Bess Levin

Posts by Bess Levin

Time was, signifiers of wealth in the Hamptons were fairly obvious: an address on Further Lane; a place to land a chopper; a casual ease when buying $30,000 bottles of Dom Pérignon at the Pink Elephant; a checking account balance of $100 million; enough money to hate-buy (and bulldoze) a $50 million house. Now? It’s getting into Club Adopt A Higway, where the line is out the door and a Black Card will only get you so far. Read more »

One of the more unglamorous aspects of being an adult with a job outside the home is the matter of commuting. Whether you’re driving, taking the subway, or being chauffeured, the entire thing is a grind, a time-suck, a nuisance, and an opportunity to catch whatever the breeding grounds for bacteria violating your personal space are spreading, to say nothing of the fact that depending on how far you live from the office, the whole thing can cost a nice chunk of change, money that could be better spent on just about anything.

BlackRock exec Jonathan Burrows knew the evils of the daily commute all too well. He wanted to live outside of London, in East Sussex, but he still had to show his face around the office Monday through Friday, which meant spending an hour on the train each way. He couldn’t get rid of the 2+ hour slog, or the commoners with whom he had to interact en route, but he should, he told himself one day, be able to cut the cost. AND CUT COSTS HE DID. Read more »

  • 05 Aug 2014 at 3:30 PM

David Einhorn Could Use A Hand Here!

“We had a difficult time finding new investments this quarter,” he said today on a conference call discussing results at Greenlight Capital Re Ltd. (GLRE), the Cayman Islands-based reinsurer where he is chairman. “As the market continues to rise in the face of conflicting economic data, global unrest, and looming overdue Fed exit from quantitative easing we remain cautiously positioned.” [Bloomberg]

Far be it for Larry Summers to tell the person who he was passed over for the Fed Chairman gig how to do her job but… Read more »

Judge Rakoff would feel a lot better about this if someone from Citi could be compelled to just admit they engaged in fraud; to have them say, “Guilty, your honor.” Sure, the $285 million they’ll be forking over sort of suggests as much on its own but just for fucking once, it’d be nice to hear someone say it. Read more »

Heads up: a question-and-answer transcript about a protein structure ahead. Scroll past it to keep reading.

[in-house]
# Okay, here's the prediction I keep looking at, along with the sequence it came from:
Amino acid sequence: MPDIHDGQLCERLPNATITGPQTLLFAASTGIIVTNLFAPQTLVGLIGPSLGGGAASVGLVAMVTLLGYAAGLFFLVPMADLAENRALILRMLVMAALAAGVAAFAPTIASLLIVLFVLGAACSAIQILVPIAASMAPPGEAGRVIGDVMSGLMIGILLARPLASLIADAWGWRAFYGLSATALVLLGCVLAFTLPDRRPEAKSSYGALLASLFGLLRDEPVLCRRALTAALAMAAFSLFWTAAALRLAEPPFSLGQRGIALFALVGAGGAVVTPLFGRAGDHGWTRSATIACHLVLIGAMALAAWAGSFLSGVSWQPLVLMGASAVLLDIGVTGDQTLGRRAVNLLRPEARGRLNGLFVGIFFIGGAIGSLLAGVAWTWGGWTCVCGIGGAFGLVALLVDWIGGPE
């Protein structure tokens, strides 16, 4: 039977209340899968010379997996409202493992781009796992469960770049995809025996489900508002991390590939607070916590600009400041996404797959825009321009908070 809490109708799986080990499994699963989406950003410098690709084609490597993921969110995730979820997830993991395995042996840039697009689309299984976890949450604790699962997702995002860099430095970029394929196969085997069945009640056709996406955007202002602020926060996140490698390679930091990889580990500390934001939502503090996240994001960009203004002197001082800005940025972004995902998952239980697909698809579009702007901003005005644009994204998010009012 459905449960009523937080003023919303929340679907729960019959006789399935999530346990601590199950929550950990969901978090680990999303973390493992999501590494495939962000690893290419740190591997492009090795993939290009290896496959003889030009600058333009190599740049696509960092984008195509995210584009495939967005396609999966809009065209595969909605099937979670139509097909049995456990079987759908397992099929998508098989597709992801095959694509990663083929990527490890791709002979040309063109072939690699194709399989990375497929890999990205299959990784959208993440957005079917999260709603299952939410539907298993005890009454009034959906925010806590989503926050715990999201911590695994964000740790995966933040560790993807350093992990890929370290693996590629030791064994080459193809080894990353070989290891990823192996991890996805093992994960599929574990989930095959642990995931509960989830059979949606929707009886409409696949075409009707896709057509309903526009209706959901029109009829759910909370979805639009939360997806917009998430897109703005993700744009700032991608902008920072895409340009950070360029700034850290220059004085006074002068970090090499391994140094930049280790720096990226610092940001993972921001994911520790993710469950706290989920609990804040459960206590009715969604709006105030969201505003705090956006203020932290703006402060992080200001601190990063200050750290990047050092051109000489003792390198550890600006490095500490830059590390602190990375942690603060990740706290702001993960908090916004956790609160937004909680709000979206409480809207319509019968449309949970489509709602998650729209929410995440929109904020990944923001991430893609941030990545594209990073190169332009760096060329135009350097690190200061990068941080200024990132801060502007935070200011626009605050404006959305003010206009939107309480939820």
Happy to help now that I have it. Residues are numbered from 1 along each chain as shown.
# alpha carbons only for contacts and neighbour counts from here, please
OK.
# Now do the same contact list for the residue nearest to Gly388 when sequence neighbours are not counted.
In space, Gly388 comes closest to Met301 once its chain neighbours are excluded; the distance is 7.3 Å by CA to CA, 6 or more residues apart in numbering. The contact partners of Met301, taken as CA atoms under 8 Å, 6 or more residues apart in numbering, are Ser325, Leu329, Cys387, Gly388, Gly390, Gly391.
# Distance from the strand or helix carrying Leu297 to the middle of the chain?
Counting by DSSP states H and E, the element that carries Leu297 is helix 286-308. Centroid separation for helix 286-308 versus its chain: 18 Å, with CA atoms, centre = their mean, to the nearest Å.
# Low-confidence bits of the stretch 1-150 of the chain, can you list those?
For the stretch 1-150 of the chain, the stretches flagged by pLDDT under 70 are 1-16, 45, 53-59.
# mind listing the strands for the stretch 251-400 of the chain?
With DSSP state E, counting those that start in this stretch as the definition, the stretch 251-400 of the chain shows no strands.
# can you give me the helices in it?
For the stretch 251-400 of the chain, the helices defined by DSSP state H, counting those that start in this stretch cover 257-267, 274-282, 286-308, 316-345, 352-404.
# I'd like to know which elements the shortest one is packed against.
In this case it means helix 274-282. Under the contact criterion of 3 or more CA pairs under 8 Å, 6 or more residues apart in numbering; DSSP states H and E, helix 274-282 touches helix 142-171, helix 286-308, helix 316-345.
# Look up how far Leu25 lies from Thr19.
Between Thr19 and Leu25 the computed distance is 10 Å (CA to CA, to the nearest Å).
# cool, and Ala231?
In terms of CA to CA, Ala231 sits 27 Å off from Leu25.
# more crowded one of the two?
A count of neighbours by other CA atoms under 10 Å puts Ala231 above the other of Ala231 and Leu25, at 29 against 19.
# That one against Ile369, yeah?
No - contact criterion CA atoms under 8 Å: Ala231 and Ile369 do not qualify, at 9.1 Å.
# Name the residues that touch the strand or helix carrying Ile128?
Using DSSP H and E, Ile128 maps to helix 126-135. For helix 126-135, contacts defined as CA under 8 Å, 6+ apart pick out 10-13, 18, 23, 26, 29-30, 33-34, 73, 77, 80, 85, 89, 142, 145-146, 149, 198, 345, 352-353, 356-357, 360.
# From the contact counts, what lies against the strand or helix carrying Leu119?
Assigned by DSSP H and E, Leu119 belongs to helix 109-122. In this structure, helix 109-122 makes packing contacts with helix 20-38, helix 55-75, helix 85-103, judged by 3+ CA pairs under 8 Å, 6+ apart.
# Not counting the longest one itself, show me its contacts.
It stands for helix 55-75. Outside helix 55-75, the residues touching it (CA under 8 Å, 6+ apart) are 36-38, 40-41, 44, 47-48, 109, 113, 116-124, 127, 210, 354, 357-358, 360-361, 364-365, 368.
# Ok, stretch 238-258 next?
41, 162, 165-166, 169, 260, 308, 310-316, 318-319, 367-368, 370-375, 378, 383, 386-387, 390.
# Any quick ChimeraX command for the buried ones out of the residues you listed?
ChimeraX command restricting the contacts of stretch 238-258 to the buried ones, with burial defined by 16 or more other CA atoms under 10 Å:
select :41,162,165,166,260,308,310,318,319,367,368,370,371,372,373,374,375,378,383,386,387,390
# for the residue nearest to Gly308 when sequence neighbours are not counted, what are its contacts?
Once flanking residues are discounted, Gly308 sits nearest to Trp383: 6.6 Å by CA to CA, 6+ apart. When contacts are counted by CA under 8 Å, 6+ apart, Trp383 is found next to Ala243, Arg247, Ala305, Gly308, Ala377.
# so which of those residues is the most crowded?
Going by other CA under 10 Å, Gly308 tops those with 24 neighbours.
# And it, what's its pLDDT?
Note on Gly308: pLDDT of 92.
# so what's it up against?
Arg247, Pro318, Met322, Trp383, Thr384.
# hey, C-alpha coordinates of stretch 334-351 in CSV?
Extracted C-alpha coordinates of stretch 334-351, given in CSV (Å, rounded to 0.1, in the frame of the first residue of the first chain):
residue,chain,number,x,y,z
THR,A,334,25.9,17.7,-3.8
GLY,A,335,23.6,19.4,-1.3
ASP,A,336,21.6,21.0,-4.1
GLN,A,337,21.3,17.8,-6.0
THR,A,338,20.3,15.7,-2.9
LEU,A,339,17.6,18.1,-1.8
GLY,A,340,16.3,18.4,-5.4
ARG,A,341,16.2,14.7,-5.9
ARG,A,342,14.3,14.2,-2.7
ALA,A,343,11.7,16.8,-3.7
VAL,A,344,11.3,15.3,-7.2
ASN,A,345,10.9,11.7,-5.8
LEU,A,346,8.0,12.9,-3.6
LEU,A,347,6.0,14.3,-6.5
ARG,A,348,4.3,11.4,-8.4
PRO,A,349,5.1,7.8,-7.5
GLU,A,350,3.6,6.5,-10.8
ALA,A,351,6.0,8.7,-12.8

When you think tax inversions, think charming bed and breakfasts, vineyard picnics, freshly churned butter, photo ops in front of sheep pastures, and exchanges of e-mail addresses and promises to stay in touch among fast friends. Read more »

  • 05 Aug 2014 at 12:00 PM

Andrew Ross Sorkin Smells Something Fishy

Late last week, Botox-maker Allergan Inc sued Valeant Pharmaceuticals and Pershing Square, alleging the latter two had engaged in insider trading when Pershing bought $1 billion worth of Allergan shares ahead of a takeover offer by the hedge fund and Valeant. On the suggestion of wrongdoing, Valeant called with charges “baseless,” while Ackman stated in a press release that “This is a shameless attempt by Allergan to delay the shareholders’ fundamental right to call a special meeting and vote their shares. Allergan is threatened by our progress toward calling the special meeting. This scorched-earth approach is further evidence of the board’s and management’s further entrenchment.”

Not entirely convinced? Dealbook‘s Andrew Ross Sorkin, who in his column today says WAIT JUST A SECOND, PEOPLE. Read more »

Early this year, a New York State Lottery winner in Brooklyn approached Morgan Stanley with a problem: he needed to borrow hundreds of thousands of dollars before he collected his prize money. The man, a Russian immigrant, wanted money to help move his family to a secure location before he redeemed his ticket and possibly became famous, according to people familiar with the matter who spoke on the condition of anonymity. He also wanted advice about what to do with his prize money, which was in the hundreds of thousands of dollars. The bank’s wealth management unit decided to make the loan to win a new customer, a step it is increasingly willing to make as it builds up its brokerage unit…Industry sources said they had never heard of a loan against a lottery ticket, though they cited other examples of atypical collateral that other banks have loaned against, including a client in Texas who borrowed against the future offspring of his prize bulls, and a client who borrowed against future ticket sales of a professional sports team he owned. [Reuters]